Positive reinforcement has always been the preferred method for dog trainers. However, there will be times when it is necessary to let your dog know when they are showing undesirable or incorrect behavior. Of course, we don’t want to use aversive measures or punishment. That is where the dog training discs come in,
Dog training discs are a means of letting your dog know that they are displaying an incorrect behavior without the use of punishment. They are a set of saucer-shaped discs usually made of metal. They are also small enough to fit in pockets. They emit a unique sound that cannot be heard from other objects. They are designed to make the sound only when you want them. They should not make a sound when they are moved around or when inside your pocket.
All You Need to Know About Dog Training Discs
How Do Dog Training Discs Work?
Many believe that dog training discs are made to startle your dog and distract them while doing undesirable behavior. However, its goal is for your dog to associate the sound the discs emits to not getting an expected reward.
You will notice that your dog will not notice the discs at all the first time you use them. One of the most important steps is to introduce the training discs to your dog. By repeating the activity, your dog learns that it’s their own that creates an unusual reaction. As a result, they learn to avoid the behavior. This is called negative reinforcement, which is totally different from punishment.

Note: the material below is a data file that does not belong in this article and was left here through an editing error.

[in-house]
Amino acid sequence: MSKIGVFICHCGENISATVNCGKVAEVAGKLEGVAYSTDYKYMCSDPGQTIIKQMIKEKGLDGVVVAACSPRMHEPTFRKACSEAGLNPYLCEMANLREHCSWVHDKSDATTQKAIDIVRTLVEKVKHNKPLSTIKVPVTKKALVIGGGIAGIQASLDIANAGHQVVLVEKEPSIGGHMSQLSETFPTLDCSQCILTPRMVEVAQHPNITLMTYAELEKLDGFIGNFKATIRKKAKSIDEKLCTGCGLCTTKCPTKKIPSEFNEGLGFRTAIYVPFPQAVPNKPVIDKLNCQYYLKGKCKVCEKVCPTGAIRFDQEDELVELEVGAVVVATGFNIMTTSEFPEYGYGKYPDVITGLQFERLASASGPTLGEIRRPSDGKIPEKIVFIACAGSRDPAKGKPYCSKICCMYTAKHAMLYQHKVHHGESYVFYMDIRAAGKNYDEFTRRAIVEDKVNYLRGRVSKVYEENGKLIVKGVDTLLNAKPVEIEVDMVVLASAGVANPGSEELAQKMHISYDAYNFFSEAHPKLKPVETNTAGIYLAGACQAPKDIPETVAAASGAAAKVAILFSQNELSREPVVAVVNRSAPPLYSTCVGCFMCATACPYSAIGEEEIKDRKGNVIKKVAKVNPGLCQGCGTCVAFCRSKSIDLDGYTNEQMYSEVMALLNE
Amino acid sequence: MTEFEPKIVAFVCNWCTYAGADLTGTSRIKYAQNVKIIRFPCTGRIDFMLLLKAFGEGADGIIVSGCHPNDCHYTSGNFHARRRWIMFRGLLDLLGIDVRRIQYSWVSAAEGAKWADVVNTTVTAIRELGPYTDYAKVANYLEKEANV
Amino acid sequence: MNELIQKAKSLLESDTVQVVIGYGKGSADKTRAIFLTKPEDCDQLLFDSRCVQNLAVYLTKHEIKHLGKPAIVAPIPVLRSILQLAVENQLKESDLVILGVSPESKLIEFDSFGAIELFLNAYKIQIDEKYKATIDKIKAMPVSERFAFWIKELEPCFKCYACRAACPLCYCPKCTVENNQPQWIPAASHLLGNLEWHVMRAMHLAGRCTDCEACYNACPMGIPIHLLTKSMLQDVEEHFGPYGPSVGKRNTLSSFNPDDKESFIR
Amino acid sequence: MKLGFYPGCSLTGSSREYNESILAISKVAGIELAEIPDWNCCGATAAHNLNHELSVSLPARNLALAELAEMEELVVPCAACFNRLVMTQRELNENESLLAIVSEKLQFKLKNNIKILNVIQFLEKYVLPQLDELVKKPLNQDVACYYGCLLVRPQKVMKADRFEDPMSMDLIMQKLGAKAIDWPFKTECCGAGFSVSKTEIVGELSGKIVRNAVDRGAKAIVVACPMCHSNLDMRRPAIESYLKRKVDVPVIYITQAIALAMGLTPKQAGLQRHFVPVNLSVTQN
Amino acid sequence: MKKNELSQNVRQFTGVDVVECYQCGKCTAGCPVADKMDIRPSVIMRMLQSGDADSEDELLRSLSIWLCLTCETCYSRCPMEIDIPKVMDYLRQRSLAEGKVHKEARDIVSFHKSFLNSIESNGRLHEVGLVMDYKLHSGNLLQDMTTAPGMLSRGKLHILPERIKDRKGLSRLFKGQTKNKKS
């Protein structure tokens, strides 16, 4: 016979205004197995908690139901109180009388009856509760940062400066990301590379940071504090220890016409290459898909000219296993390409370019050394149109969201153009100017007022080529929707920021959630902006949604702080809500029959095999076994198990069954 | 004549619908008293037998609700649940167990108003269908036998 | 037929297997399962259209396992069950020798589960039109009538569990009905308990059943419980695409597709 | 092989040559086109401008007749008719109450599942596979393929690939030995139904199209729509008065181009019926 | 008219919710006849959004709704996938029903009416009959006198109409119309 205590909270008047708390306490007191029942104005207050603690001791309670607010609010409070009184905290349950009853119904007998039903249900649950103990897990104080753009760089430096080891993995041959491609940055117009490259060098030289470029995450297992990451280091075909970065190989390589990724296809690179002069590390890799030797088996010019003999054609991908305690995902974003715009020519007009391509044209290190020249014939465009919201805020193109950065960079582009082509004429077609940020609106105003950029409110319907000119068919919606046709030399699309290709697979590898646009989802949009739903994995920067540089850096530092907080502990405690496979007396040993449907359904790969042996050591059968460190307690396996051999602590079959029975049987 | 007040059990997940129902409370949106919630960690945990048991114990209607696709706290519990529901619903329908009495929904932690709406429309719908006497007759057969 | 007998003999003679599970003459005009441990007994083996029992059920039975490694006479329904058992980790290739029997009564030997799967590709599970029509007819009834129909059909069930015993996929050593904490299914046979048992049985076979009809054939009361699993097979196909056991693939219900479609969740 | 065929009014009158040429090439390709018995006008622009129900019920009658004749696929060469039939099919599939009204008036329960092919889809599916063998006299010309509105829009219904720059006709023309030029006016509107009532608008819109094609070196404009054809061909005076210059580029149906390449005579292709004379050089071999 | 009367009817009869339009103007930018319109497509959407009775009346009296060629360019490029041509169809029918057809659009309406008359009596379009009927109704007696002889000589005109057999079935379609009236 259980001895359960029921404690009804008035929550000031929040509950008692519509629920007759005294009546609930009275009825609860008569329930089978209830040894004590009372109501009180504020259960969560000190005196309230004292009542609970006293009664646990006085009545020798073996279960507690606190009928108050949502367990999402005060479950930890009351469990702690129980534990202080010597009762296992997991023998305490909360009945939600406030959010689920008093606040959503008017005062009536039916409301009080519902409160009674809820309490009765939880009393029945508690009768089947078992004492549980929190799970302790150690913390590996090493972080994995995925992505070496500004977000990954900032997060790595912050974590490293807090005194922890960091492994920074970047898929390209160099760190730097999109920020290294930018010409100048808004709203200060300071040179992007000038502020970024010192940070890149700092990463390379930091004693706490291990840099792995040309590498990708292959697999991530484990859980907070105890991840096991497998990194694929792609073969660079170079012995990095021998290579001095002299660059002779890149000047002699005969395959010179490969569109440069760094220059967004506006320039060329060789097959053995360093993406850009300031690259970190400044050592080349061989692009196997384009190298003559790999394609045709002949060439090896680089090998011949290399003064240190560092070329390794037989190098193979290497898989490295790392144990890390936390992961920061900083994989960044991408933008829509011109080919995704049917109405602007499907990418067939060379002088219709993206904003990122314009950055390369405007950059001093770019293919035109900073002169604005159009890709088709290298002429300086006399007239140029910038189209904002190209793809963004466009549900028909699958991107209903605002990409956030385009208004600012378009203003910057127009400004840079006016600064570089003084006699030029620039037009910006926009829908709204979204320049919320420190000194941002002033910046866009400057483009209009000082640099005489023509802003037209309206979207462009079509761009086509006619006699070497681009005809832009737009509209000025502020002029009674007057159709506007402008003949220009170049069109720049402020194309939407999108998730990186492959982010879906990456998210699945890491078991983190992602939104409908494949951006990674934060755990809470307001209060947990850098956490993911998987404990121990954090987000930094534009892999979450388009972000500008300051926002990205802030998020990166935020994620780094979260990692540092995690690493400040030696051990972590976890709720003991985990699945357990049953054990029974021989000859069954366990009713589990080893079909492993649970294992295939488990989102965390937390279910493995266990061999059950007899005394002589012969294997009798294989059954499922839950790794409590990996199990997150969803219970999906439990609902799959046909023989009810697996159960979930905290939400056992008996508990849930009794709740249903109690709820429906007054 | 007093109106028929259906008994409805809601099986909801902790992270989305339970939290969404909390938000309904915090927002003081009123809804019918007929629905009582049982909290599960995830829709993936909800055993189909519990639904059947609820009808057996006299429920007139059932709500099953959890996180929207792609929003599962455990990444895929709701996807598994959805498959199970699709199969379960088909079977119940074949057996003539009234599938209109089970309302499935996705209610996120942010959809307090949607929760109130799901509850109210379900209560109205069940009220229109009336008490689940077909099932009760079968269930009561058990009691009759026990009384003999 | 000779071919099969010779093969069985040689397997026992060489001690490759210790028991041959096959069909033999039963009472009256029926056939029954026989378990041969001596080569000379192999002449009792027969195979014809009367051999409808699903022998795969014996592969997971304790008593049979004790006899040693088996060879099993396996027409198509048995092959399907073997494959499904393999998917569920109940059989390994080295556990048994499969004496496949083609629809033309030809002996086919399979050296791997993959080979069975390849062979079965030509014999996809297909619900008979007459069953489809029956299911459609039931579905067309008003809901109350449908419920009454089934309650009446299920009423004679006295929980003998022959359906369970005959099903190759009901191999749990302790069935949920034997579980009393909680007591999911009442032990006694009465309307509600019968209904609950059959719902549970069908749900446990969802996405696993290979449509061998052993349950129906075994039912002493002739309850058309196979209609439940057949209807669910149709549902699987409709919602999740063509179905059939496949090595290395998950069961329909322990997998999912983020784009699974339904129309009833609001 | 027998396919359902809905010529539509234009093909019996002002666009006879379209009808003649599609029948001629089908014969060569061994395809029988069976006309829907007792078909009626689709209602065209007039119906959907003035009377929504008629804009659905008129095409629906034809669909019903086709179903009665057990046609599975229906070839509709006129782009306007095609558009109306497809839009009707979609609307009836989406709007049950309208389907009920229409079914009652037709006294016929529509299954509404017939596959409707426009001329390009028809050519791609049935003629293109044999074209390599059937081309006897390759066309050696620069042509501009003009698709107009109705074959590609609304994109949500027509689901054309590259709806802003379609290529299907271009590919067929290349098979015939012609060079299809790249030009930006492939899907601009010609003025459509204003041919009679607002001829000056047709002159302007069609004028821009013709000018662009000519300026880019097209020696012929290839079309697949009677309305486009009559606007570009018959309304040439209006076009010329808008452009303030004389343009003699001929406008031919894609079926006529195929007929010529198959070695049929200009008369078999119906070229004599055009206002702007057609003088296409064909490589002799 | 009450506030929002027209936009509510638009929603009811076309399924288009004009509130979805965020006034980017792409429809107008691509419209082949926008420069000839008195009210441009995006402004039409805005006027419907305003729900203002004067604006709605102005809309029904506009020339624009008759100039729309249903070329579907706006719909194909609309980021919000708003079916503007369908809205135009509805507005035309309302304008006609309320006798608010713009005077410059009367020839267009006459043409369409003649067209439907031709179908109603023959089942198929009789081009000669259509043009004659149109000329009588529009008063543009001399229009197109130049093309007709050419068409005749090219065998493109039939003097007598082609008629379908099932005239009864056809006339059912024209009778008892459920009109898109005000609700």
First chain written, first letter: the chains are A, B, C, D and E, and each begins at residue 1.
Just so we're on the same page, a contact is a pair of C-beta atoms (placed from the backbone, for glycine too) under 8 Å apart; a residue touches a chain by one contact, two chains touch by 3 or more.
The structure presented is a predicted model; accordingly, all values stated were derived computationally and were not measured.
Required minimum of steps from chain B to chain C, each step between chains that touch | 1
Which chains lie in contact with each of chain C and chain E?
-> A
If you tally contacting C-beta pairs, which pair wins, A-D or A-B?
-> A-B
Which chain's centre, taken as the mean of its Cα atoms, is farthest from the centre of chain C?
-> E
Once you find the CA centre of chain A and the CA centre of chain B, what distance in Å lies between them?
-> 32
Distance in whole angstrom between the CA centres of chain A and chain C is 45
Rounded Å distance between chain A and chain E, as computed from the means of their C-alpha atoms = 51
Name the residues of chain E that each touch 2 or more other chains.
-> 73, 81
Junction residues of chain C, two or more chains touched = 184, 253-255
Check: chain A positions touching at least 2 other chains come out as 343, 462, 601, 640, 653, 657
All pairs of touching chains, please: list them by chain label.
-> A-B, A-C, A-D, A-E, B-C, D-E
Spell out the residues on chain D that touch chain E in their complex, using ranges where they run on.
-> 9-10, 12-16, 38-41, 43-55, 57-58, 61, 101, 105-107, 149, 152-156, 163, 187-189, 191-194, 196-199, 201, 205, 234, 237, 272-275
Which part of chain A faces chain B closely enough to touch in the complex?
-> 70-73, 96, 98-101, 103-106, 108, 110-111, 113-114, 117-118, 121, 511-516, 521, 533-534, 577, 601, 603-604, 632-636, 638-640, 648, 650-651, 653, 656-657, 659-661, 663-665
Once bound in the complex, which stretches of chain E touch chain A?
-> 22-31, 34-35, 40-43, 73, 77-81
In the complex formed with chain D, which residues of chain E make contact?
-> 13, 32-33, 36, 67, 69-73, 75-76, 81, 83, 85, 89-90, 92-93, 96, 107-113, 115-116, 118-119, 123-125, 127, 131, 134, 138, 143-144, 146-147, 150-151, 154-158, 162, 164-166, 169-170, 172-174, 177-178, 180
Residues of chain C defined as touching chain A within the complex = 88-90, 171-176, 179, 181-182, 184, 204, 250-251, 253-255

The Uses of Dog Training Discs
Dog training discs are used to deal with several behavior problems such as barking, jumping up, and aggressive behavior. It is recommended that you limit the usage of the training discs only to behaviors requiring urgent attention.
Introducing the Training Discs to Your Dog
- Get some yummy treats your dog loves.
- Hold the discs fabric loop in your fingers. This will enable you to hold them silently. Once you relax your grip, then shake your wrist, the discs will make a sound.
- Grab a few treats in your other hand.
- Put a treat on the floor and allow your dog to eat it. Do the exercise five times. This will make your dog expect another treat on the floor that they can eat.
- Again, put a treat on the floor and wait for your dog to come closer. When your dog is about to eat the treat, rattle the discs and take the treat away quickly, so your dog is not able to get the treat.
- Expect your dog to be confused. You have to repeat the exercise several times. This way, your dog will associate the sound of the discs with not getting the treat.
- After a few times of repeating the exercise, you will notice that your dog will back away from the treat when you rattle the discs. The situation can stress your dog, so you can expect to see signs of slight anxiety, like lip licking, displacement behaviors, or ears down.
- Repeat the exercise until your dog gets startled by the rattle of the discs and won’t try to eat the treat. It can take around four to five trials, depending on the sensitivity level of your dog.
- Observe your dog because they may go to seek reassurance from another family member. Tell them to praise your dog for avoiding the behavior.
- Remember to keep the training discs out of your dog’s sight when you are using it. This will allow them to associate only the rattling sound with the behavior.
- In the event, your dog ignores the discs, follow the above procedures once more.
Dog Training Disc Tips
- When it comes to dog training discs and other training methods for that matter, consistency is highly important.
- Only use the discs as a way of communicating undesirable behavior.
- The training discs should be used at the exact moment the undesired action is displayed.
- Never throw the discs at your dog.
- Introduce the discs to your dog first.
- When you have two dogs in your home, training discs may be less effective.